What’s your favorite fairy tale?
I actually have a bunch of them.
There’s Snow White and the Seven Dwarves, of course. Also Cinderella. Also Sleeping Beauty. Also…
Image: Thom Watson via Flickr, Creative Commons
OK, I’ll stop now, I can see you rolling your eyes, going, “Come on, act your age.”
Well, I still love fairy tales.
They have characters with goals, conflict, resolution, drama, often a quest and a love interest.
They’re also make-believe, so even if they have somewhat terrifying elements in them, we can comfort ourselves by knowing they’re not real.
They usually have some kind of lesson (usually good conquers evil in some shape or form) and we try valiantly, as children, to live up to those lessons.
And they almost always end with a “happily ever after.”
What’s not to love?
If you are looking for ways to energize your public relations and social media efforts in the new year, you might want to re-read a fairy tale.
I’ll tell you why in a minute.
The story of Samuel Gordon Jewelers
If you’ve been reading my BNET column (what do you mean, you’re not?! Sign up post-haste!), you’ll remember I profiled Dan Gordon and his use of social media.
It’s where I told his story.
Now, I’ve written before about how public relations is really about telling your story.
And what people like Dan and SGJ are doing is using social to break the mold of traditional PR and take it several steps further.
They’re not just telling their own stories well.
They’re doing such a good job of it, that they’re getting their customers and community to tell their stories for them.
When I told his story at GrowSmartBiz 2010, one of my favorite responses was from Vanessa French, when she said, “What a terrific story.”
I’ll never forget that.
“What a terrific story!”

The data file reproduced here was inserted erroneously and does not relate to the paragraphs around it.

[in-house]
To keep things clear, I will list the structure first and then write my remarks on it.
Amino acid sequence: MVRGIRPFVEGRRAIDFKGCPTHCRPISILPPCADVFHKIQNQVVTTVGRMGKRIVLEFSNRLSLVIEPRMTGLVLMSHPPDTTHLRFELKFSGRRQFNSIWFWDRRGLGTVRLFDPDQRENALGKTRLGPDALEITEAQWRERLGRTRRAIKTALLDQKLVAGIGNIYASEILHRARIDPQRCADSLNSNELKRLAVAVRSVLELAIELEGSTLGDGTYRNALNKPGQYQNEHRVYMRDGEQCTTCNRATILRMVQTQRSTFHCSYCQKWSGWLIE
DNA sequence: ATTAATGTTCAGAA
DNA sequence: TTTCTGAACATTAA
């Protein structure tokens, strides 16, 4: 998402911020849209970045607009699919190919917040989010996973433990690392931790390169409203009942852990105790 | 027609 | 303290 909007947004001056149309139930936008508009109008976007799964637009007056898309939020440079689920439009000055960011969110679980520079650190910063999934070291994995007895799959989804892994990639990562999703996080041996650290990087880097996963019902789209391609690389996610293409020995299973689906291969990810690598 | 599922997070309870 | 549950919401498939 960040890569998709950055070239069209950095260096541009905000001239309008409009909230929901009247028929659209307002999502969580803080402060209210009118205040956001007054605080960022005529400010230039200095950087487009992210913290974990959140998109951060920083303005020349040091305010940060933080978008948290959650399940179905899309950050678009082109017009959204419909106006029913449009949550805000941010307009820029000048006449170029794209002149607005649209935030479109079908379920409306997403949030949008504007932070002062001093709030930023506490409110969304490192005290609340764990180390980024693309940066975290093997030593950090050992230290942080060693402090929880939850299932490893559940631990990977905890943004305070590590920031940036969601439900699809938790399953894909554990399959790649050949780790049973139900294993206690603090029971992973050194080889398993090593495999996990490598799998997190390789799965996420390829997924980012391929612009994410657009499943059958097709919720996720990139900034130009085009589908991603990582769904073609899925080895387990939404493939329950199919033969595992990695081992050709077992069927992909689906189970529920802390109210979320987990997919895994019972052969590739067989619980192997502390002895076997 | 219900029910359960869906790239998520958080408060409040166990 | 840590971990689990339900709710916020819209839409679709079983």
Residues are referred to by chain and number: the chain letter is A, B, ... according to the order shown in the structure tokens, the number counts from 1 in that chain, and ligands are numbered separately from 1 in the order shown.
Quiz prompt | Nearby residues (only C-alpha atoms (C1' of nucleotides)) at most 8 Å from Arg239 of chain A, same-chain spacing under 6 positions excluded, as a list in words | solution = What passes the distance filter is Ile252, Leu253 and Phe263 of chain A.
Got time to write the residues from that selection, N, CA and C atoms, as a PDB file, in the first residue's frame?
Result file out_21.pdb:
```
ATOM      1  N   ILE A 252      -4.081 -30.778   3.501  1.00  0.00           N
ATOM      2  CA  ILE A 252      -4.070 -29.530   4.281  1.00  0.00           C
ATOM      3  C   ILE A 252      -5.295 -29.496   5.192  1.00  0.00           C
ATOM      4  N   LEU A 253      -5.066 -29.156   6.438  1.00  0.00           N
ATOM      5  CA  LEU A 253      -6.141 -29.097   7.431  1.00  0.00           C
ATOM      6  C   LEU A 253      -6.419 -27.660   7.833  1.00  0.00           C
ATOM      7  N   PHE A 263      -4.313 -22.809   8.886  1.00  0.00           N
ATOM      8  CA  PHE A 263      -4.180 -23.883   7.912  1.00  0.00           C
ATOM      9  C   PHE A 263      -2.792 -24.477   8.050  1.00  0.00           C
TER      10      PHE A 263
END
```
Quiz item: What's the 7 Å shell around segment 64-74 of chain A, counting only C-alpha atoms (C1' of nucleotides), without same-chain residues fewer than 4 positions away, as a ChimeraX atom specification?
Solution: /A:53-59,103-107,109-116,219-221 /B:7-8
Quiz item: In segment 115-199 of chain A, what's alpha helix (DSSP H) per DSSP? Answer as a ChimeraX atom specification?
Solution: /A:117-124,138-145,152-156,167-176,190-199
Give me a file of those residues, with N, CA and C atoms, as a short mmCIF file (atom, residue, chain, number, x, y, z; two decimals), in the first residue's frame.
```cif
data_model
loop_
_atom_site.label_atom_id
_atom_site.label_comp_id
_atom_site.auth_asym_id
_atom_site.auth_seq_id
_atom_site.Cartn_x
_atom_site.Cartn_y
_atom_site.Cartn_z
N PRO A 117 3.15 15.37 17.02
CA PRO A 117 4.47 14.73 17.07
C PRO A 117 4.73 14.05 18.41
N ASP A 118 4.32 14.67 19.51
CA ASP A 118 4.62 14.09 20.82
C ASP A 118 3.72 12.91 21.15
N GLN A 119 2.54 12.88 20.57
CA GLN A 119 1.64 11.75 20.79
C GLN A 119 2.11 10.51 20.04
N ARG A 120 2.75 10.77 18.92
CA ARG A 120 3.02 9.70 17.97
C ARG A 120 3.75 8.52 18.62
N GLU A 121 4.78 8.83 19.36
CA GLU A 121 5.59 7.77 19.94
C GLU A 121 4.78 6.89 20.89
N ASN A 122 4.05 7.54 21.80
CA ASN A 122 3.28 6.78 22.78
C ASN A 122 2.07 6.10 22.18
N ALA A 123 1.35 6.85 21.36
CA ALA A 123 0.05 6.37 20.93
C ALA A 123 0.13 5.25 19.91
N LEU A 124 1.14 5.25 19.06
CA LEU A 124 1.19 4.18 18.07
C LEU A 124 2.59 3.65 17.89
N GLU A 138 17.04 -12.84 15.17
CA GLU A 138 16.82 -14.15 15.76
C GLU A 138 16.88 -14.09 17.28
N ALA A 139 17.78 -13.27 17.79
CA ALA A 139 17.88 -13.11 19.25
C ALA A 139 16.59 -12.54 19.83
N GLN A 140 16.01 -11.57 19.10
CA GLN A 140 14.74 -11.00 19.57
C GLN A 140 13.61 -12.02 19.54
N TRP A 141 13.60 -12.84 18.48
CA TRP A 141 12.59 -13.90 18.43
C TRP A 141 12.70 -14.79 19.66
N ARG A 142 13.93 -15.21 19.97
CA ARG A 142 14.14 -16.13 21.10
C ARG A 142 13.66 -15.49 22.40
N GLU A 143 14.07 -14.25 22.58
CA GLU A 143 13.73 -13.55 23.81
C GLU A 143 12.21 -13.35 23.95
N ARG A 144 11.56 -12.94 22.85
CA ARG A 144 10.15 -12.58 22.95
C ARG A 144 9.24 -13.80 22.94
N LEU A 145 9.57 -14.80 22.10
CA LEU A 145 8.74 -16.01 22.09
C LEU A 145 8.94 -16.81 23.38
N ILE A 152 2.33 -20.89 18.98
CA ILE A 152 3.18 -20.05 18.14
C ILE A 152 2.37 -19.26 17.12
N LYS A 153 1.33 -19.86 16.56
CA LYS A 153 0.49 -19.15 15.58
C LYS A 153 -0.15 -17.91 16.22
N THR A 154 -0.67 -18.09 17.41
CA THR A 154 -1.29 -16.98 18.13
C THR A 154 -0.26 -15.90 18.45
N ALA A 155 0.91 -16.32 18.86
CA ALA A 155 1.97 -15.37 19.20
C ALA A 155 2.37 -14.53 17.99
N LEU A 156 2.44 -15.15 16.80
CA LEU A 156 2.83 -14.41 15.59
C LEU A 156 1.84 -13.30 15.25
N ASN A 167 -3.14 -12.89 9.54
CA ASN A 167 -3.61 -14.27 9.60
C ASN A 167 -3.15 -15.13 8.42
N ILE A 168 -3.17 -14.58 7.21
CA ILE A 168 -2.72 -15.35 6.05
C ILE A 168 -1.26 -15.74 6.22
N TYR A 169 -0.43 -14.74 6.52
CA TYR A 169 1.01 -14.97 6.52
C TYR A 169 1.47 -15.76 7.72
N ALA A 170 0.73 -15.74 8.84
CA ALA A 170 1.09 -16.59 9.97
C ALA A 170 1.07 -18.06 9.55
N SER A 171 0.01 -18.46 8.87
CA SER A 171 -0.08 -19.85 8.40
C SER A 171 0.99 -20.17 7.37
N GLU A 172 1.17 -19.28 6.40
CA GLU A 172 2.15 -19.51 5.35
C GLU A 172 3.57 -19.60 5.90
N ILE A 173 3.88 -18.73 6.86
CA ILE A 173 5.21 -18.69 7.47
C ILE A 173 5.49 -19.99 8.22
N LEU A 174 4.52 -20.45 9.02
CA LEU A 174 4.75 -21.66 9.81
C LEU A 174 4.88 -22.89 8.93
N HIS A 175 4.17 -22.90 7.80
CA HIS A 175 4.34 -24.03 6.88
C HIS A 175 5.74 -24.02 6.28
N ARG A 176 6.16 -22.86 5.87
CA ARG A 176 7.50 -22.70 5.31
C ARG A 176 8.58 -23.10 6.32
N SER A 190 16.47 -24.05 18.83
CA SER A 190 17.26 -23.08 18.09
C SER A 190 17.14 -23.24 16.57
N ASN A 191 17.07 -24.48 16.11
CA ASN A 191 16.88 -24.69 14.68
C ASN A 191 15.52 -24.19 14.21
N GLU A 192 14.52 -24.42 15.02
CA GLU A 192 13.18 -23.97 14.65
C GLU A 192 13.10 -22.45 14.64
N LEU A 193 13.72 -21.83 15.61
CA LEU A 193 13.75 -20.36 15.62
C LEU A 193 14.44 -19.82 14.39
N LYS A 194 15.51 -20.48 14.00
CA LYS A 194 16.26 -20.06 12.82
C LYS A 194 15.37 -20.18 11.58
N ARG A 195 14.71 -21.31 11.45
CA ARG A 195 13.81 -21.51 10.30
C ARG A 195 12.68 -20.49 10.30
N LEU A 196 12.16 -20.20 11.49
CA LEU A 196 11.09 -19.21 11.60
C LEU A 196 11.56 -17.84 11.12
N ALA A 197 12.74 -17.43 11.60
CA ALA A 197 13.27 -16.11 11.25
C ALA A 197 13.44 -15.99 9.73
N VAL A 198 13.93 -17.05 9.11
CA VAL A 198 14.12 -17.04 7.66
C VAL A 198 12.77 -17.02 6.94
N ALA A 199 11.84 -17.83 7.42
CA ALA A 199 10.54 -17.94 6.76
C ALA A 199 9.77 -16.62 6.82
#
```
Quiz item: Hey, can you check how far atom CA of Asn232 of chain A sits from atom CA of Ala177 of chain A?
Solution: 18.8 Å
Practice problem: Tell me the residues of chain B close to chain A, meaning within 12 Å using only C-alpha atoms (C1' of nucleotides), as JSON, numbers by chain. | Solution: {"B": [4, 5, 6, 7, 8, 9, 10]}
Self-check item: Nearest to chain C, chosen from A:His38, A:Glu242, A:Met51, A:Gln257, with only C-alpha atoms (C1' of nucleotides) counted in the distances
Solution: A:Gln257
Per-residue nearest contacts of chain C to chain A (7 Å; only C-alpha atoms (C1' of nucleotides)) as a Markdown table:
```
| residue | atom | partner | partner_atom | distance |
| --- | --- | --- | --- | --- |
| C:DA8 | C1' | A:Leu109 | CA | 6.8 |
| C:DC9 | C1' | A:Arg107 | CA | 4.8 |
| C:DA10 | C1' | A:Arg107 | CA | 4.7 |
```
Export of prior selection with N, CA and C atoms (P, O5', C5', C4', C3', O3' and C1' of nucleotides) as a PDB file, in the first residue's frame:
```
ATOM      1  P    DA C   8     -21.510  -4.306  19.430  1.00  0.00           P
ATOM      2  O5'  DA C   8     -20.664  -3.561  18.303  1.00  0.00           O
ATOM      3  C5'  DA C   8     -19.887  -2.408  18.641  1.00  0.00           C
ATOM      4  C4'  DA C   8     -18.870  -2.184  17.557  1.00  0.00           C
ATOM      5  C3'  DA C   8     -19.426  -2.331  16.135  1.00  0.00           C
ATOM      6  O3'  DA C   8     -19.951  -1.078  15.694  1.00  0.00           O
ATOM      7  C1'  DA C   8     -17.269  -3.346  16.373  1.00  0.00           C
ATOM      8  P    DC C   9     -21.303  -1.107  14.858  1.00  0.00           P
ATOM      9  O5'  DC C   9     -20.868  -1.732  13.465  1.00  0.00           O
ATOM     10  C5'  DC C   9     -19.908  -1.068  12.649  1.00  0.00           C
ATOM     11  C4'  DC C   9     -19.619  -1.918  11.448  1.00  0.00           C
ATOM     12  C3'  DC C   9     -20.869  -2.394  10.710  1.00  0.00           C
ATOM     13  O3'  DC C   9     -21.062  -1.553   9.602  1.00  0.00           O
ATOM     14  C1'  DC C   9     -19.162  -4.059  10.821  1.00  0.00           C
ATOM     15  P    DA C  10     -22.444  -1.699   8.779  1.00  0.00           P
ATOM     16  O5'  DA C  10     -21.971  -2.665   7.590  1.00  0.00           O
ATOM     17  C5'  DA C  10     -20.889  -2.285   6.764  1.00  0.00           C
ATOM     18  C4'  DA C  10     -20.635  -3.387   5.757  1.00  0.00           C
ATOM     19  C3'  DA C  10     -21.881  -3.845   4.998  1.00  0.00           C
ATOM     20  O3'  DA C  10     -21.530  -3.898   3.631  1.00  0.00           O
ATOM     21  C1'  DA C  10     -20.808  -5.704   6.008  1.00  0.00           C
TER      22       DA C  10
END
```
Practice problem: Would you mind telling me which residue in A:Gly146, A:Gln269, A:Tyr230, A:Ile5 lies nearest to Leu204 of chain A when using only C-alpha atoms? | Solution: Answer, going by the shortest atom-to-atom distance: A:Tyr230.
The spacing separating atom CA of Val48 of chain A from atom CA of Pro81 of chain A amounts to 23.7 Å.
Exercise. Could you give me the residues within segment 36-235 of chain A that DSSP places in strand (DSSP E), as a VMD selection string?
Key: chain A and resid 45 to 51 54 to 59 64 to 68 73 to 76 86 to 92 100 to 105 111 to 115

Back to fairy tales
Regardless of which one is your favorite, fairy tales are terrific stories.
And more than anything, they teach us how to tell stories.
And that is what is really key in the “new” public relations world.
It’s not just about replacing one-way messaging with two- or multi-way dialog through several channels, though that is certainly part of it.
It is really about using the channels so well, building such good relationships with one’s community, that they are energized to tell your story for you.
I mean, when you think about it, that is really what we want out of PR, isn’t it?
First, we want someone to understand what it is we do.
That’s the main thing; if our customers don’t even understand what we do, we can pretty much take the rest of our PR strategy and shove it up the chimney.
Then, we want them to relate to us; to find a connection between the story we’re telling and their own lives and stories.
Once they do, we hope that they will find that connection so powerful, that they’ll tell a couple people, and those people will tell a couple people, and those people will … and so on.
And as this story is told over and over again, that people will use our services, buy our products, donate to our causes, etc.
So integrating traditional and social channels into our outreach is just the beginning.
Public relations really comes into its own when you’ve told your story so well, and connected with your community so well, that they start to tell your story for you.